Gabino Iglesias Reviews Old Country by Matt Query & Harrison Query

Old Country, Matt Query & Harrison Query (Grand Central Publishing 978-1-538721-20-9, $28.00, 352pp, hc) July 2022. Cover by Ervin Serrano.

Learning a book came to be because a story be­came popular on Reddit might make some run to read it and turn others away from it immediately. Thankfully, Old Country, written by brothers Matt & Harrison Query after the former wrote a story titled ‘‘My Wife and I Bought a Ranch’’ that blew up on Reddit, is worth a read.

Harry is a former marine who came back from the war with a lot of scars and some PTSD to deal with. His wife, Sasha, is always there for him and understands there’s a dark part of her husband she doesn’t have access to. The couple has always dreamed about getting a perfect house somewhere remote, a place where they can take their beloved dog Dash and live away from the hustle and bustle of the city and be in constant touch with nature. When the perfect piece of land appears in Idaho, right at the foot of the mountains in the Teton Valley, they pack their things, Sasha makes the move to working from home, and they start a new life in a place they had only dreamed about. For a while, everything is perfect, but then things change. Their nearest neighbors, Dan and Lucy Steiner, an older couple who have been on that land for many years, come to visit them and then tell them about an evil spirit that lives in the valley and that manifests in different ways depending on the season. Sasha and Harry don’t believe them, and Harry basi­cally kicks them off his property, but they soon change their minds when what the neighbors had told them starts to happen. With each season, Harry and Sasha must learn to cope with a new manifestation of the evil spirit, and even if they know what it might look like with the help of Dan and Lucy, there’s no way to tell when or how often it’ll come. What follows is a haunting story about learning to live in the presence of evil and being trapped by a supernatural power.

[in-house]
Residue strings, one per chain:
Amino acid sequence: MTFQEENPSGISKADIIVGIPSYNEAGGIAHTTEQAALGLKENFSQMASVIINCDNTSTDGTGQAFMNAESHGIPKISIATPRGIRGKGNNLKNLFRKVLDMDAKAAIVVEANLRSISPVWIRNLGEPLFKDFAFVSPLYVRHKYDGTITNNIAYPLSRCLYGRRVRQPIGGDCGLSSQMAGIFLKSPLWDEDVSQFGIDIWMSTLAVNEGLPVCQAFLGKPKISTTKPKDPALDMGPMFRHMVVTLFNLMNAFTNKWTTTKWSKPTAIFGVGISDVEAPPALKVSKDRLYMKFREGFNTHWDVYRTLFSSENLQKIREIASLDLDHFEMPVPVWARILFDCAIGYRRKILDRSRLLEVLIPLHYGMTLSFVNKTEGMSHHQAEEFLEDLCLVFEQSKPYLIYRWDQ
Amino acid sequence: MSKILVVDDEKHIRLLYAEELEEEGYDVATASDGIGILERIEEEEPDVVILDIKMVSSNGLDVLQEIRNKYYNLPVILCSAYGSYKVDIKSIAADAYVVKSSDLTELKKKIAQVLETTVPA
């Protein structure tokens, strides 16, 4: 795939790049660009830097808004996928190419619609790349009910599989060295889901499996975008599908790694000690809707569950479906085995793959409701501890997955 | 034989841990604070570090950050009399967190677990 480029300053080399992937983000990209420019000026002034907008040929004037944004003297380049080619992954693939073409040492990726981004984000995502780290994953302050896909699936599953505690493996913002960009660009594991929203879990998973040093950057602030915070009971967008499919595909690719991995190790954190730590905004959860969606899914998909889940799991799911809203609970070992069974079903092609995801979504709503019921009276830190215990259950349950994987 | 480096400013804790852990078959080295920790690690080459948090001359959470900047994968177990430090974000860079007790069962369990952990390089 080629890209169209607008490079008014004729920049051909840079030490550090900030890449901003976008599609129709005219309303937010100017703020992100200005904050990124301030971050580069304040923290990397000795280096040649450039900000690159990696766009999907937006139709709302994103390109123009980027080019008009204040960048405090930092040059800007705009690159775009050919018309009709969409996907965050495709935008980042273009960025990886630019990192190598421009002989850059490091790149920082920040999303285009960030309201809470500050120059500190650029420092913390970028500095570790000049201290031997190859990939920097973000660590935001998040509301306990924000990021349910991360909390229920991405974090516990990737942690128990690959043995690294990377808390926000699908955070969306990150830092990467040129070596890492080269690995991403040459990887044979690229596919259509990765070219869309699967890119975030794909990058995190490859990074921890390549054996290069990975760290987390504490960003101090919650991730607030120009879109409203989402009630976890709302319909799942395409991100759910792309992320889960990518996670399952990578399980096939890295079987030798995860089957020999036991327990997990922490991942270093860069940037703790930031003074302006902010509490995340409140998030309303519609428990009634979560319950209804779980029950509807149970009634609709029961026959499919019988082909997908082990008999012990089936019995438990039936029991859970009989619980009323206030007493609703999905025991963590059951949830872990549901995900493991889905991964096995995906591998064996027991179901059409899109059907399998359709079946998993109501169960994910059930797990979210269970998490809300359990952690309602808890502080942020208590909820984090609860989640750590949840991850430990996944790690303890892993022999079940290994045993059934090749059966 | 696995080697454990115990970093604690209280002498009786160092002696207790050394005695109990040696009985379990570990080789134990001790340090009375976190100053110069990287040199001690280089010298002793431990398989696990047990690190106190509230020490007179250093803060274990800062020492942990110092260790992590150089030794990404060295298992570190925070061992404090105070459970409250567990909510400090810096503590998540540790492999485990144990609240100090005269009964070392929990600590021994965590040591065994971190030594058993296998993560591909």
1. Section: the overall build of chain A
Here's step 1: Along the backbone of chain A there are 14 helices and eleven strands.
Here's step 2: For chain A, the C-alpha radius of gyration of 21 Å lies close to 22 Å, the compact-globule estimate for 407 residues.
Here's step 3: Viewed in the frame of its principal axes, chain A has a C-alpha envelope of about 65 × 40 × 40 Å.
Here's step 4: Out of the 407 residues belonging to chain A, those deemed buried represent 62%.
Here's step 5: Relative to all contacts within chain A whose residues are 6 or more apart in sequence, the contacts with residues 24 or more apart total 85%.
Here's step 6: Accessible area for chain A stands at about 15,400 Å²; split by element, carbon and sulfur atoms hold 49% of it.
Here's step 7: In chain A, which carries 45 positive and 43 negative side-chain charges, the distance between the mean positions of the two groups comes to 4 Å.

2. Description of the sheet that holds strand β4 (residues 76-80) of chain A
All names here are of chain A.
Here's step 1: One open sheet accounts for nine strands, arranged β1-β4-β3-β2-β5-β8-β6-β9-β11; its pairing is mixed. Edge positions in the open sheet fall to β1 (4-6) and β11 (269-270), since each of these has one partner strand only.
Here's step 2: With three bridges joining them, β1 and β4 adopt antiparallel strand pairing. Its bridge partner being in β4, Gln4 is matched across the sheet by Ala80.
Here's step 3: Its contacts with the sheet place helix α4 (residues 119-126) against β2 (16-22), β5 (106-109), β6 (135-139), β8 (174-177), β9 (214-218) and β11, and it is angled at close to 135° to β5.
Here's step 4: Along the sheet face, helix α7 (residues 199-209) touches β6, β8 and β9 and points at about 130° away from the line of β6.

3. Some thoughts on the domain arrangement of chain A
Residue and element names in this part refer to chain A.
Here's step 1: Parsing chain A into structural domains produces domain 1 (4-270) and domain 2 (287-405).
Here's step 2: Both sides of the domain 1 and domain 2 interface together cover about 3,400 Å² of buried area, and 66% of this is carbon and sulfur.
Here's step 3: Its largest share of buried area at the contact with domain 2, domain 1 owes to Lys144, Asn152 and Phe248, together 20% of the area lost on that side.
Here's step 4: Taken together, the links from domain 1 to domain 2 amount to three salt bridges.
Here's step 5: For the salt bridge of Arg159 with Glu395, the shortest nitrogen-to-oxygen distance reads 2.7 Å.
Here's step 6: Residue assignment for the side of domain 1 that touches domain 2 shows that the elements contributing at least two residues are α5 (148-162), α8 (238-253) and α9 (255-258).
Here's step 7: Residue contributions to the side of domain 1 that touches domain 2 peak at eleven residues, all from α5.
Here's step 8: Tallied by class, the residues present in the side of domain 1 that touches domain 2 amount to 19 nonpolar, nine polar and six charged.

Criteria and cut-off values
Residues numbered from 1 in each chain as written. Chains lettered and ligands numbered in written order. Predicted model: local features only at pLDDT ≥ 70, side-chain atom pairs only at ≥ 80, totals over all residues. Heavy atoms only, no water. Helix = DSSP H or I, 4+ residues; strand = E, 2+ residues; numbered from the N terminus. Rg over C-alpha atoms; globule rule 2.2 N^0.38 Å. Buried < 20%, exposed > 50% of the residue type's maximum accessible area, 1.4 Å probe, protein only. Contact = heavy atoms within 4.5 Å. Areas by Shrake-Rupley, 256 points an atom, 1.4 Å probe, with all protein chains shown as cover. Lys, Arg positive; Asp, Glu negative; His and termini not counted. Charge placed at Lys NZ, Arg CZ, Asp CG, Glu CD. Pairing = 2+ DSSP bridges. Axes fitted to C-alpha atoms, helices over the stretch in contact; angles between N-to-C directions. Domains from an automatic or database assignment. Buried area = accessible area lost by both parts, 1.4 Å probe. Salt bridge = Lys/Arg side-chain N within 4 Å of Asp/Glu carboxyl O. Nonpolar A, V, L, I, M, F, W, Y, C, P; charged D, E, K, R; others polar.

Old Country is a solid debut with a unique series of elements that works well even despite its shortcomings. The novel is effective and the atmosphere is superb. The writing about nature is gorgeous and there is enough gore and creepiness to firmly position the narrative in contemporary horror. However, Harry’s war trauma often feels like a different story that got tacked into this one to give his anger a reason for being, and Sasha is often depicted as a Mary Sue type of character that is there to see, solve, and get through everything. Also, there are a few instances in which the story comes very close to turning into a white savior narrative, though it always stops short of that.

The best element of this novel is the atmo­sphere and how it stays in place regardless of the evil spirit’s antics. There’s something about a naked man running from a slow-moving bear and always getting killed that is, in part, hilari­ous (you know, at least to those of us with a dark sense of humor). However, the way the authors construct the scenes and everything around them makes the evil spirit’s presence always spooky, whether it’s a naked running man, a light in the pond, or a scarecrow that comes to life. Also, Harry and Sasha are easy to like, and when they realize they’re trapped in what they imagined was paradise, empathy kicks in, and everything they experience feels a bit worse and packs a larger punch.

Old Country is entertaining and dark – weird in a good way – and the setting offers a perfect backdrop for the mayhem that ensues. There are a few instances in which a bit of editing would have helped the story stay on point and be a tad tighter, but knowing this came from the seed of a tale that was originally planted on Reddit more than makes up for those minute flaws. Matt & Harrison Query seem to work well together and they clearly understand how to make a horror narrative work, and this one is more than enough to put them on the map and leave reader wonder­ing about what they’ll cook up next.

Gabino Iglesias is a writer, journalist, professor, and book reviewer living in Austin TX. He is the author of Zero Saints and Coyote Songs and the editor of Both Sides. His work has been nominated to the Bram Stoker and Locus Awards and won the Wonderland Book Award for Best Novel in 2019. His short stories have appeared in a plethora of anthologies and his non-fiction has appeared in the New York Times, the Los Angeles Times, and CrimeReads. His work has been published in five languages, optioned for film, and praised by authors as diverse as Roxane Gay, David Joy, Jerry Stahl, and Meg Gardiner. His reviews appear regularly in places like NPR, Publishers Weekly, the San Francisco Chronicle, Criminal Element, Mystery Tribune, Vol. 1 Brooklyn, the Los Angeles Review of Books, and other print and online venues. He’s been a juror for the Shirley Jackson Awards twice and has judged the PANK Big Book Contest, the Splatterpunk Awards, and the Newfound Prose Prize. He teaches creative writing at Southern New Hampshire University’s online MFA program. You can find him on Twitter at @Gabino_Iglesias.

This review and more like it in the December 2022 issue of Locus.

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